Great Book: the poems of W. H. Auden

Poetry's not usually my bag. But I'm doing this to stretch the old noggin, so I'll try not to complain. Since I read so quickly, I find it difficult to slow down my eyes and mind and enjoy the rhythms. I try to find audio books of poetry whenever I can. Because readers talk more slowly than I read, I tend to get more out of it.

The Voice of the Poet series from Random House is an excellent series of poems read by the distinguished and mostly dead authors themselves. (Never before released recordings!)

I found the Five American Women volume annoying; this Auden collection was much more consistent and enjoyable. He has a wonderful speaking voice. I never felt like I had to get past the performance to the words. And the work is accessible. It even rhymes! Yay, expectations fulfilled!

The overwhelming impression I have of Auden is that he's depressed. We're all going to die eventually, life sucks, people are stupid and frustrating. It was funny, witty, work, but with a despairing, exasperated tone to it.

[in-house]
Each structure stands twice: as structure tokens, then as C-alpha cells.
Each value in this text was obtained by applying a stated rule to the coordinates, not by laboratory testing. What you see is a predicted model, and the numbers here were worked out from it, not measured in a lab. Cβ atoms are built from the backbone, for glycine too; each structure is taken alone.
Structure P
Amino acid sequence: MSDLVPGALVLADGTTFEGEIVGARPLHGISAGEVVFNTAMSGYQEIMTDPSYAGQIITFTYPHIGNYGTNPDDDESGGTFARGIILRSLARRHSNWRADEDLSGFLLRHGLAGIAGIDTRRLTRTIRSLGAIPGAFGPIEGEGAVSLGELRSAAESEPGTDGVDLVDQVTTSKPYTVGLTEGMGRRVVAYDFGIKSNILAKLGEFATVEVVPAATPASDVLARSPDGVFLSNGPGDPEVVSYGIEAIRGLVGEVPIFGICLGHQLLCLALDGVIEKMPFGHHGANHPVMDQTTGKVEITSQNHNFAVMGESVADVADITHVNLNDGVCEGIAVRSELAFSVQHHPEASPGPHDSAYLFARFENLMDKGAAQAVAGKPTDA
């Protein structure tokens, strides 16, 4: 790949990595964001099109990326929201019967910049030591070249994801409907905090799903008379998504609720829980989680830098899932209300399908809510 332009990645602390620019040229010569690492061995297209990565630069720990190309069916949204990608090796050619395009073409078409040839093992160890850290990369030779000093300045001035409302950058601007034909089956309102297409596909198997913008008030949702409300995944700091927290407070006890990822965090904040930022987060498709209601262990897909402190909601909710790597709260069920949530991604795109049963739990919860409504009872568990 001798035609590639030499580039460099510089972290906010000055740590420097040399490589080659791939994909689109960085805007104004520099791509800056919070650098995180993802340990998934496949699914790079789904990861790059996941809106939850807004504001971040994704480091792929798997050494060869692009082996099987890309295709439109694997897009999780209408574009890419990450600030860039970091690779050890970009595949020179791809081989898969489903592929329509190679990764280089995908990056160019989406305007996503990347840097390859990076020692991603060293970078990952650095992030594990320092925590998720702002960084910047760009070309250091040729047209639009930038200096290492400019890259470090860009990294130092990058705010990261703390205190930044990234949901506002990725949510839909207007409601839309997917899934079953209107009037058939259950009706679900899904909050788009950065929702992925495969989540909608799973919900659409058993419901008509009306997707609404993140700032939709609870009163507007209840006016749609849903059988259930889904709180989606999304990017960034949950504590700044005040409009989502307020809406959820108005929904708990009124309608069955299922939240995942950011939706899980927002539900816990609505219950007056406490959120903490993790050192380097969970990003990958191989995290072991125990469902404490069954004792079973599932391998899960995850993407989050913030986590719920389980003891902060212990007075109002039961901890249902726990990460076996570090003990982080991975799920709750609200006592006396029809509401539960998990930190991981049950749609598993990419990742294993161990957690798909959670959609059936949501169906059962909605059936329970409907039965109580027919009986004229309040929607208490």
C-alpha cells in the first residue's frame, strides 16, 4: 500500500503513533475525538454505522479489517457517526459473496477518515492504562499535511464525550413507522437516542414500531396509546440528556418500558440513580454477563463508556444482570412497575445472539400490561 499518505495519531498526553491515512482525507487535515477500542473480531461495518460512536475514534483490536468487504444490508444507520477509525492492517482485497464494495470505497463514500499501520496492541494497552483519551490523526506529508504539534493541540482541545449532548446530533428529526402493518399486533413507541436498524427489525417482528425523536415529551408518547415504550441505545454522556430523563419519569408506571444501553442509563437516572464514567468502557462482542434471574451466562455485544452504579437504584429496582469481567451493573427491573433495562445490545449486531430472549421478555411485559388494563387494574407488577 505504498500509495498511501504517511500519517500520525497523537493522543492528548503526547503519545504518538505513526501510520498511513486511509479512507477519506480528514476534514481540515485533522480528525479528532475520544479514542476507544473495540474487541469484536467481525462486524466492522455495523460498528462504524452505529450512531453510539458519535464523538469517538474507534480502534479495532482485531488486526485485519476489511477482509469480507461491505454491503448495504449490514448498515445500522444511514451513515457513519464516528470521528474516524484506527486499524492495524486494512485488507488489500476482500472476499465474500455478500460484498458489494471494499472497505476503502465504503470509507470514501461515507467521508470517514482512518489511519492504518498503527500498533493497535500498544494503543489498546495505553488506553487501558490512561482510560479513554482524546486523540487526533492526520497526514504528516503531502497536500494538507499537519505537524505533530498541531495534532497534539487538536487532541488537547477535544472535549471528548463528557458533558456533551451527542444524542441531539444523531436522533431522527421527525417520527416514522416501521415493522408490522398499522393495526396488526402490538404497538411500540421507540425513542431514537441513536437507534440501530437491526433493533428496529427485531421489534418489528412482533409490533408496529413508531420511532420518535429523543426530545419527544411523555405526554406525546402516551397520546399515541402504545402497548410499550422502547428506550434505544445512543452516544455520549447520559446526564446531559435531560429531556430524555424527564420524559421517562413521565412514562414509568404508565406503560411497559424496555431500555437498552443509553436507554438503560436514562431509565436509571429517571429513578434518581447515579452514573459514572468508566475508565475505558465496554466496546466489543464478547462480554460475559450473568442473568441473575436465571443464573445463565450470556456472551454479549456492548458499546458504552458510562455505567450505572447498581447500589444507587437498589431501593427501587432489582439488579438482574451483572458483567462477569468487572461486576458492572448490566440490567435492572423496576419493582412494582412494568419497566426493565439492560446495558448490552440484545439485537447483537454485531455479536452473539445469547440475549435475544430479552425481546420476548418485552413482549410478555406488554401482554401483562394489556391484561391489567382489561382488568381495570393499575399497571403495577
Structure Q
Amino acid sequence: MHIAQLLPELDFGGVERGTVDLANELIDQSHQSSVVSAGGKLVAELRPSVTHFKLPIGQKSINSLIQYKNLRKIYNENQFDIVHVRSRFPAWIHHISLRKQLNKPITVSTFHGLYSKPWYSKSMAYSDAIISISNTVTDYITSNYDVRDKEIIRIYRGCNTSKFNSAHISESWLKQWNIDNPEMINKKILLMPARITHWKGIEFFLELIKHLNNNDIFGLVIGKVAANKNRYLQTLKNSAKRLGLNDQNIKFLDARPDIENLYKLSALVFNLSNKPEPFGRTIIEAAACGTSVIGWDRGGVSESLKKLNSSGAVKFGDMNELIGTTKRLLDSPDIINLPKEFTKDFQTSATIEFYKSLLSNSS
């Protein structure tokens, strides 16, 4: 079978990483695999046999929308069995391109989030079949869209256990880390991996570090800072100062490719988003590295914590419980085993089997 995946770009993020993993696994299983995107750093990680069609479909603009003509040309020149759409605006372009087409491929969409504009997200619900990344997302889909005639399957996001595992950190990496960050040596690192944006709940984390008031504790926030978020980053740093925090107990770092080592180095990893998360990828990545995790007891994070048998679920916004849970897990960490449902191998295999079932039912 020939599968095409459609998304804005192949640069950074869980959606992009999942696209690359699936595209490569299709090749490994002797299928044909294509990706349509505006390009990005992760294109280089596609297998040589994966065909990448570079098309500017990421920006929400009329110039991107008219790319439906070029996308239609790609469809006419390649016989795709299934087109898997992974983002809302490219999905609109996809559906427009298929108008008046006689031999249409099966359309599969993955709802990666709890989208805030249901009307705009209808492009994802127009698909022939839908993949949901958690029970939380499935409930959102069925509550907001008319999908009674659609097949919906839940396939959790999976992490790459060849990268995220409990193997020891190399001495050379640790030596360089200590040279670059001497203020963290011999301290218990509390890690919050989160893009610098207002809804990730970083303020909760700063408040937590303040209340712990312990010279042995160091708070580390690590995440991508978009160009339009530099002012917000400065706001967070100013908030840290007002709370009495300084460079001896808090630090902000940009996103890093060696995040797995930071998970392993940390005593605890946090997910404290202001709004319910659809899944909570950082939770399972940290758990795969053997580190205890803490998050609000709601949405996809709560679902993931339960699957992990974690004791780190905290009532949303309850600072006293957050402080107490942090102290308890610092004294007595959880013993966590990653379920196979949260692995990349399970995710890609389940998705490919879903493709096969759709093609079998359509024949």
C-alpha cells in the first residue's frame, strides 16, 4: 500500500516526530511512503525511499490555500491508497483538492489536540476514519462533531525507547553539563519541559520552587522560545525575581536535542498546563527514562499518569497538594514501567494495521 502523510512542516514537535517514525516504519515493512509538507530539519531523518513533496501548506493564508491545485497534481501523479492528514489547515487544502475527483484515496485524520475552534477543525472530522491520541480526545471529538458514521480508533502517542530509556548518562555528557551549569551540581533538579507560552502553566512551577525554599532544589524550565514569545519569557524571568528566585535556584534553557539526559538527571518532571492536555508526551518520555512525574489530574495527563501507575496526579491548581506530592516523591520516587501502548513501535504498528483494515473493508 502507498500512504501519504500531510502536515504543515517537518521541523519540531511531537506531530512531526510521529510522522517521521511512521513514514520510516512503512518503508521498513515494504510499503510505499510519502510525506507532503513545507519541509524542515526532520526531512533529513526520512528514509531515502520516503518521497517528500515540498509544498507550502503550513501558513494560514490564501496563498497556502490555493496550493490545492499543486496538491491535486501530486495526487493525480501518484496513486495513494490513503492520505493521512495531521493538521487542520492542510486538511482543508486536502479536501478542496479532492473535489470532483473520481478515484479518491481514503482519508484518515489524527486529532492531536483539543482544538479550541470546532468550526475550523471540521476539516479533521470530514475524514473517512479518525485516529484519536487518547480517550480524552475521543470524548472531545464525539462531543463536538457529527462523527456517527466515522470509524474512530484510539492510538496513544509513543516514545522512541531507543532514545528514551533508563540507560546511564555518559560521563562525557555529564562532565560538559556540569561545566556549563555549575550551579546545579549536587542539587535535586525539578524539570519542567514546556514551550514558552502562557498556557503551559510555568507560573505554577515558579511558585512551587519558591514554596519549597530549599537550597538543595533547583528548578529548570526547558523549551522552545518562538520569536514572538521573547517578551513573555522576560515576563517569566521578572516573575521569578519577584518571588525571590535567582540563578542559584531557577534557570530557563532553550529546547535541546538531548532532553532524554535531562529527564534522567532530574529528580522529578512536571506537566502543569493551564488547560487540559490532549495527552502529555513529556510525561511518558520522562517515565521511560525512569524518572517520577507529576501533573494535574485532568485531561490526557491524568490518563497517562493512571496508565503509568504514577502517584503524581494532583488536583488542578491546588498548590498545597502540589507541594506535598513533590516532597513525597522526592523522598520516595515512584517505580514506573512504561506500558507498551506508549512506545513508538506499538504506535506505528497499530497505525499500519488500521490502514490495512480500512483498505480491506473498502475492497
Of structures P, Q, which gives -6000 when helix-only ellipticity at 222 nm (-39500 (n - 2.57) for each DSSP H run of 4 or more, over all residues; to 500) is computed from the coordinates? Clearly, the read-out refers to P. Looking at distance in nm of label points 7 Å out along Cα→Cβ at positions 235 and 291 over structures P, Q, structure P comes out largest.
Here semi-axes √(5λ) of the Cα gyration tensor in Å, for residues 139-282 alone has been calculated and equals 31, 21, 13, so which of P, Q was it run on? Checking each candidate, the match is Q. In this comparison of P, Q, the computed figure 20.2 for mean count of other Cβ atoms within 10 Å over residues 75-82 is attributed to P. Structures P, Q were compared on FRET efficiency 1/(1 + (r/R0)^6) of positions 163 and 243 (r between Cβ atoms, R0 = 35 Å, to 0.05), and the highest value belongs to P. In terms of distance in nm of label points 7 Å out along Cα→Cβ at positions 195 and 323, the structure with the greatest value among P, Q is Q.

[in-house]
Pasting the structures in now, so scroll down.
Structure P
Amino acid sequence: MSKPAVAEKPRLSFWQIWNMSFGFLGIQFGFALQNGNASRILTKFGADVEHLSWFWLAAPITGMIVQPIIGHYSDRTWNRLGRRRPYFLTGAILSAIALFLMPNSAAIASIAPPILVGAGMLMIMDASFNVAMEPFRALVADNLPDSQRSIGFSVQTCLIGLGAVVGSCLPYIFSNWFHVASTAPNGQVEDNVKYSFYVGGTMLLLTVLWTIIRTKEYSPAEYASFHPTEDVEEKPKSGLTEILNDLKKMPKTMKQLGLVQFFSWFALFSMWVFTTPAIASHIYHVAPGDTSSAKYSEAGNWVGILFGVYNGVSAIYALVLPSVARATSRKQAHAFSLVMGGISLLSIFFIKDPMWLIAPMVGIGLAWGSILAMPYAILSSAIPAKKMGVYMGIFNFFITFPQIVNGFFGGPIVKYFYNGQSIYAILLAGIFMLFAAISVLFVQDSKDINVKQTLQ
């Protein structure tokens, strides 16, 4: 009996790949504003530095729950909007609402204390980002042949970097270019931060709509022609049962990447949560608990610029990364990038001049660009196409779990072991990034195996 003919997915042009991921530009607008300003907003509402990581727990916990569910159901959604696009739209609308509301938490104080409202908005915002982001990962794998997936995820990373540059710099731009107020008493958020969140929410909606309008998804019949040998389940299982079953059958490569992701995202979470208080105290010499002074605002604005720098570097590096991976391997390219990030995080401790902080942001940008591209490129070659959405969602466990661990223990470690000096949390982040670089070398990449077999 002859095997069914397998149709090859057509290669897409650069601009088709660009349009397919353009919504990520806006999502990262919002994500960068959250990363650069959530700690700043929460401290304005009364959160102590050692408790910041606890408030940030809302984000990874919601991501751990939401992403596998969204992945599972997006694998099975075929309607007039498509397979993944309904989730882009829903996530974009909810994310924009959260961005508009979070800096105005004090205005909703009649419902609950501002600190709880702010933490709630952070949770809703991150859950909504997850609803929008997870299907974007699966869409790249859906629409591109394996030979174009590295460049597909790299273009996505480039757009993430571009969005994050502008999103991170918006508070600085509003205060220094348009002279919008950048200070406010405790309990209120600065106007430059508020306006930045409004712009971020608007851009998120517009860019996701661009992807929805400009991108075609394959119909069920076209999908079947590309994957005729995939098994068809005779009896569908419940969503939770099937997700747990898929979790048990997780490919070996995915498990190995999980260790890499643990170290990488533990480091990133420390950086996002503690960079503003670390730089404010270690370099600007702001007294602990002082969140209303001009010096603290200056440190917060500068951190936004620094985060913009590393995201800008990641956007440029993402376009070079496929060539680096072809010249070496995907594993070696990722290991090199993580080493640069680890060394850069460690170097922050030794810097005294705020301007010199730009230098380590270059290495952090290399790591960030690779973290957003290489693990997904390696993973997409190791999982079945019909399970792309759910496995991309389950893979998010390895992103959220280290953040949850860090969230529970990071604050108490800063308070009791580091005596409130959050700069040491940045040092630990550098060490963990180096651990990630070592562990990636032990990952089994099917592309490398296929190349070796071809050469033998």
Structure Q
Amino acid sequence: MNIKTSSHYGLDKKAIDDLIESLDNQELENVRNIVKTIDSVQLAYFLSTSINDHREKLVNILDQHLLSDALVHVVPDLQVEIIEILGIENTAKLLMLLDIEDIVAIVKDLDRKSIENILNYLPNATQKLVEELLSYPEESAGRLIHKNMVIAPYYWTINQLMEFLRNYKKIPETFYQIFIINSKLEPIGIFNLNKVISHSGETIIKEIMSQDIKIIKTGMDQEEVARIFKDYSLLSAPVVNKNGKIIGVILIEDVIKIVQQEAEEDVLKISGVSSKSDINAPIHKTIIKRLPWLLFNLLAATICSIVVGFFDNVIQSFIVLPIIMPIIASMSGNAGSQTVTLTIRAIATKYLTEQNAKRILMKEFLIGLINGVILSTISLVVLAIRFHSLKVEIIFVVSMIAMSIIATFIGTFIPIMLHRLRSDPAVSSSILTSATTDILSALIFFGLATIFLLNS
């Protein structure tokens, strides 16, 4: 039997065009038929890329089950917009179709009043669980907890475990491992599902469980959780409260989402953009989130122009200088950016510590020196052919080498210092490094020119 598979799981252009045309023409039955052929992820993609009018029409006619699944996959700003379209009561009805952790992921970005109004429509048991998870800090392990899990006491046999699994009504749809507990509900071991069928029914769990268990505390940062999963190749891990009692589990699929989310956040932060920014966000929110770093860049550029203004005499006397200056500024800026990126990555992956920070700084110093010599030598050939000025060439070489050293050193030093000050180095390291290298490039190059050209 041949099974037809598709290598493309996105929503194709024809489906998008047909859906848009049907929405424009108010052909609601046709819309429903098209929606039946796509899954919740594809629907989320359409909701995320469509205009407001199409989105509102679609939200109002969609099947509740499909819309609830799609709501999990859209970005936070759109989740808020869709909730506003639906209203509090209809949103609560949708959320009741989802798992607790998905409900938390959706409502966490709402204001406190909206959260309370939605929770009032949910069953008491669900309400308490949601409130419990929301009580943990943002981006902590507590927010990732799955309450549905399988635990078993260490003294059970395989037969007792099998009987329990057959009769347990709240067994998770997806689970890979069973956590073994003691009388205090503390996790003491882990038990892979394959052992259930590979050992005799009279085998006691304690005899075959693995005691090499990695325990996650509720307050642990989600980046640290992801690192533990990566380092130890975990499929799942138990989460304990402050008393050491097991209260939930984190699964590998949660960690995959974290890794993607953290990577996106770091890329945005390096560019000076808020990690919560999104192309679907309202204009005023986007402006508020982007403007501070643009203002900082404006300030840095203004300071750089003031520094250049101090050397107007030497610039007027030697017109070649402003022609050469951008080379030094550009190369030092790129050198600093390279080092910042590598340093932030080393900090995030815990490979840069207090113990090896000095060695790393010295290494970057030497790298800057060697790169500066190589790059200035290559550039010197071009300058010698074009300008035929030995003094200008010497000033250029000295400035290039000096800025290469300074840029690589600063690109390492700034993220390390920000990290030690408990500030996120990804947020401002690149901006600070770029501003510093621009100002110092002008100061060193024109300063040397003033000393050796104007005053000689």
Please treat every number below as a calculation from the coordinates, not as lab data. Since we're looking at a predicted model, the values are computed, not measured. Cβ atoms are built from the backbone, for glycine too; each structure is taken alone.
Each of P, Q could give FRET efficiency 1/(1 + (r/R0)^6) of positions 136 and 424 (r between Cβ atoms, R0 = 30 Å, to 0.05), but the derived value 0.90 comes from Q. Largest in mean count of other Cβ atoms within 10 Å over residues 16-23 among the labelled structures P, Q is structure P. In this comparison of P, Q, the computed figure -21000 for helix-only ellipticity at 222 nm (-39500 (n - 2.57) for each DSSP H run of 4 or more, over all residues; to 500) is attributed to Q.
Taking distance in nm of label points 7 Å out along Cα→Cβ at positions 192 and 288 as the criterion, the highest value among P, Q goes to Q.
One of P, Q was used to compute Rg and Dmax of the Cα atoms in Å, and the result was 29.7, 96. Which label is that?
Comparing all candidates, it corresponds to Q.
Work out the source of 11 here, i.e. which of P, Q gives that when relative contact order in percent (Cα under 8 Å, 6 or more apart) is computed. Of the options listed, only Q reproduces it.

My favorite individual work was one of the lighter ones, a poem written for Phi Beta Kappa at Harvard in 1946 about the return to college of the veterans of World War II and the coming battle between Apollo and Hermes (knowledge and truth). It seems to fit right in with my recent discussion of academia. It ends with the Hermetic Decalogue:

Thou shalt not do as the dean pleases,
Thou shalt not write thy doctor's thesis
On education,
Thou shalt not worship projects nor
Shalt thou or thine bow down before

Thou shalt not answer questionnaires
Or quizzes upon World-Affairs,
Nor with compliance
Take any test. Thou shalt not sit
With statisticians nor commit
A social science.

Thou shalt not be on friendly terms
With guys in advertising firms,
Nor speak with such
As read the Bible for its prose,
Nor, above all, make love to those
Who wash too much

Thou shalt not live within thy means
Nor on plain water and raw greens.
If thou must choose
Between the chances, choose the odd;
Read The New Yorker, trust in God;
And take short views.

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